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Hunting groups to kill up to 200 deer in Duke Forest

During the past several years, it has become clear that the increasing deer population in Duke Forest is problematic.

This is the third year that Duke Forest is participating in the North Carolina Wildlife Resources Commission’s Deer Management Assistance Program. The program, which takes place each fall, selects two private professional hunting groups to hunt deer in designated areas of the forest.

“The deer have eaten everything green,” said Marissa Hartzler, program director of Duke Forest. “It’s affecting the biodiversity of the forest.”

Although there have been no reported cases on Duke’s campus, the overpopulation of deer has also resulted in an increased number of tick-borne diseases as well as deer-related car accidents throughout North Carolina, Hartzler said.

“In the winter, there’s nothing for the deer to eat but our pine seedlings, which can slow down pine tree regrowth and [pine wood] is where we get a lot of our operating budget,” she added.

Population research conducted by Duke Forest in 2008 found that in some areas, there were 80 deer in a single square mile even though the recommended density is 15 to 20 deer per square mile.

This year, NCWRC has given the hunting groups permission to kill a maximum of 200 deer between its start date of Sept. 13 through Dec. 17. During this time, three sections of the forest will be closed to the public on weekdays.

Although the program limits the forest’s recreational use, it has not affected University or outside research in the forest.

Forest staff members have tried to minimize disruption while making sure those conducting research are safe, providing them with special parking permits and easy-to-see vests. The staff is also aware of the hunters’ and researchers’ locations at all times so both parties can work safely and simultaneously, Hartzler said.

“Because the primary mission of the forest is research and teaching, the forest staff has been wonderful in continuing the research in the forest,” said Jeffrey Pippen, an instructor for Duke’s Program in Ecology.

Pippen, whose research on forest understory was affected by the deer overpopulation, said he anticipates future benefits for his work from the program. However, he has not yet seen any immediate improvements.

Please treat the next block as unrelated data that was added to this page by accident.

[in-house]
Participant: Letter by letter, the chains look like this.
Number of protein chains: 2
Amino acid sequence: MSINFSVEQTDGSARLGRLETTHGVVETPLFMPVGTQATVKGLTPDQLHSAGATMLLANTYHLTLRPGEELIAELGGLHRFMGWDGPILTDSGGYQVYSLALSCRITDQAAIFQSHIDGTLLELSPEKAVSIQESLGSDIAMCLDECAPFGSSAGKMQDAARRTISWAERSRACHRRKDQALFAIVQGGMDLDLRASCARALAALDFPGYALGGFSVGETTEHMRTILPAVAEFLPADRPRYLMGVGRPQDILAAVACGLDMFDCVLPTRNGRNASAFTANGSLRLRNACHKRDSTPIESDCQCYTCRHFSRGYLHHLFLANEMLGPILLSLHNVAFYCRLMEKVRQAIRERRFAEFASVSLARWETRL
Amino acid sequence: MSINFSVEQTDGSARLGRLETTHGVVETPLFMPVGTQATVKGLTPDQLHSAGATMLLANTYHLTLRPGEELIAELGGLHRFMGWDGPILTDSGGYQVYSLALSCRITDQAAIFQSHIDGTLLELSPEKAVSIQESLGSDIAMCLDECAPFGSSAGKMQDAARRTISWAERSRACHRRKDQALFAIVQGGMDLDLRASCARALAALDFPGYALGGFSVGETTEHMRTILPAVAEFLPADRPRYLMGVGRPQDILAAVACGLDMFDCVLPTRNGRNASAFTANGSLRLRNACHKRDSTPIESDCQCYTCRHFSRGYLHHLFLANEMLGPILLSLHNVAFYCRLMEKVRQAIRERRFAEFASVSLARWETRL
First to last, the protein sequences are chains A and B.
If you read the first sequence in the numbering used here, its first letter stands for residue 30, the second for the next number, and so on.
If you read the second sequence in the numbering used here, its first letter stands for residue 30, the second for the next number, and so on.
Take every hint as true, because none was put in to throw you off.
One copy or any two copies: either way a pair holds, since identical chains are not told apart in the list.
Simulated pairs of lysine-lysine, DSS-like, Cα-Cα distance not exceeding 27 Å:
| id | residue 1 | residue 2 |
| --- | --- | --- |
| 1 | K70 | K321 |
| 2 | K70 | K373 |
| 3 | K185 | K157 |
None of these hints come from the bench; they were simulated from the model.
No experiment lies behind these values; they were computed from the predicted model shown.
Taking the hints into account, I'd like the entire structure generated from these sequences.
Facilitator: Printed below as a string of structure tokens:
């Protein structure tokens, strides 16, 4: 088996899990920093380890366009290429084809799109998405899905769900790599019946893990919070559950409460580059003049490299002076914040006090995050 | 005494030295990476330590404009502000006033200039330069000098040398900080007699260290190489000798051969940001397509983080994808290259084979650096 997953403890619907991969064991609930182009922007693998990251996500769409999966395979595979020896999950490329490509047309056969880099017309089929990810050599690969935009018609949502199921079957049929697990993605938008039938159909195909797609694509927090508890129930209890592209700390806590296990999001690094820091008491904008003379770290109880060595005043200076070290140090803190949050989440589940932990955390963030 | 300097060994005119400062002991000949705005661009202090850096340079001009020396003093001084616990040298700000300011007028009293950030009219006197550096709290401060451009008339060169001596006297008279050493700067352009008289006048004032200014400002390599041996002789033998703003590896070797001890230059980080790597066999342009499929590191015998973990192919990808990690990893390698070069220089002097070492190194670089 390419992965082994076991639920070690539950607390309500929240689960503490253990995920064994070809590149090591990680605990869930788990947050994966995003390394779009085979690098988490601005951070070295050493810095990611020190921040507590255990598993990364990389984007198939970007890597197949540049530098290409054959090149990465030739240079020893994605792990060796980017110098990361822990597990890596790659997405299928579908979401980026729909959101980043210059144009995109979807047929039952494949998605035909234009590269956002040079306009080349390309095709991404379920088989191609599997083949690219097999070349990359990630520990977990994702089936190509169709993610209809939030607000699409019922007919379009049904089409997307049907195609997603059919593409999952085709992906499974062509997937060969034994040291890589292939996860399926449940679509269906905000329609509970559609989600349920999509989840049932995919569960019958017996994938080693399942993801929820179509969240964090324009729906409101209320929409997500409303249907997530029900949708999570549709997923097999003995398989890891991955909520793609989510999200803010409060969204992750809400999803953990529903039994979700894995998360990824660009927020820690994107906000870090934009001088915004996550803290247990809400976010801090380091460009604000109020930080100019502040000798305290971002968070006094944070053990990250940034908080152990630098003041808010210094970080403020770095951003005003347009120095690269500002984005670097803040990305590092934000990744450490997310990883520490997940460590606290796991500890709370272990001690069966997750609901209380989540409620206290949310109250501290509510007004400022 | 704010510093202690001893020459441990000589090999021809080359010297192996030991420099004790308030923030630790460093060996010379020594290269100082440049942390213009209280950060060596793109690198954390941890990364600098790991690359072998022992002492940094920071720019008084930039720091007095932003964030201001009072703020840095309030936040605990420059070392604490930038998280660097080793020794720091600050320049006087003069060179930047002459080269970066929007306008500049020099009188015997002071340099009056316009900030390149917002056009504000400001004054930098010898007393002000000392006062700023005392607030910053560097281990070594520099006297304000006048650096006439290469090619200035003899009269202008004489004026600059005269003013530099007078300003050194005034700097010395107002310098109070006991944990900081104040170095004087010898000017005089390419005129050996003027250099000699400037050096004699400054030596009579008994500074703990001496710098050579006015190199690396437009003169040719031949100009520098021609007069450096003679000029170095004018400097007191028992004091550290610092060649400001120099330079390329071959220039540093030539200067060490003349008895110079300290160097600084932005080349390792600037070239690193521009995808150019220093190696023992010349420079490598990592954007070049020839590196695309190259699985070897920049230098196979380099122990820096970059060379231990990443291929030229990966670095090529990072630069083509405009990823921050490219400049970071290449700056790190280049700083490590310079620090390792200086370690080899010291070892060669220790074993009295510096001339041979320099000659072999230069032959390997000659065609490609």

The program is also assisting in a related research project conducted by the North Carolina Department of Environment and Natural Resource’s Environmental Health Division.

The Tick Attachment Project, which began February 2009, asks for the submission of ticks across the state to raise awareness of tick-borne illnesses in North Carolina, according to Dr. Barry Engber, a medical entomologist for NCDENR’s Pest Management section.

The increased deer population causes a rise in ticks, bringing many diseases to North Carolina such as Rocky Mountain Spotted Fever, Ehrlichia and Lyme Disease, he said.

The professional hunting groups collect the ticks from the deer and send them to NCDENR. But the tick population remains prevalent in the forest.

“There has not been enough reduction yet to make a difference that would be noticed,” Engber said. “You pretty much have to get the deer population down to almost nothing to control the [tick] population.”

Duke Forest’s participation in the Deer Management Assistance Program has stirred some controversy. The main complaint comes from people who use the park for recreation, said Hartzler.

“The base complaint is that we have to close the forest for liability concerns... that they cannot go to [those areas] of the forest during the week,” she said. “Our biggest concern is safety.”

Although several areas of the forest have shown significant improvements, this will not be the program’s last year in the forest.

“For so long, nothing was done,” Hartzler said. “We’re hoping that over time we will make a lot of progress, and then we won’t have to have such an intensive program.”


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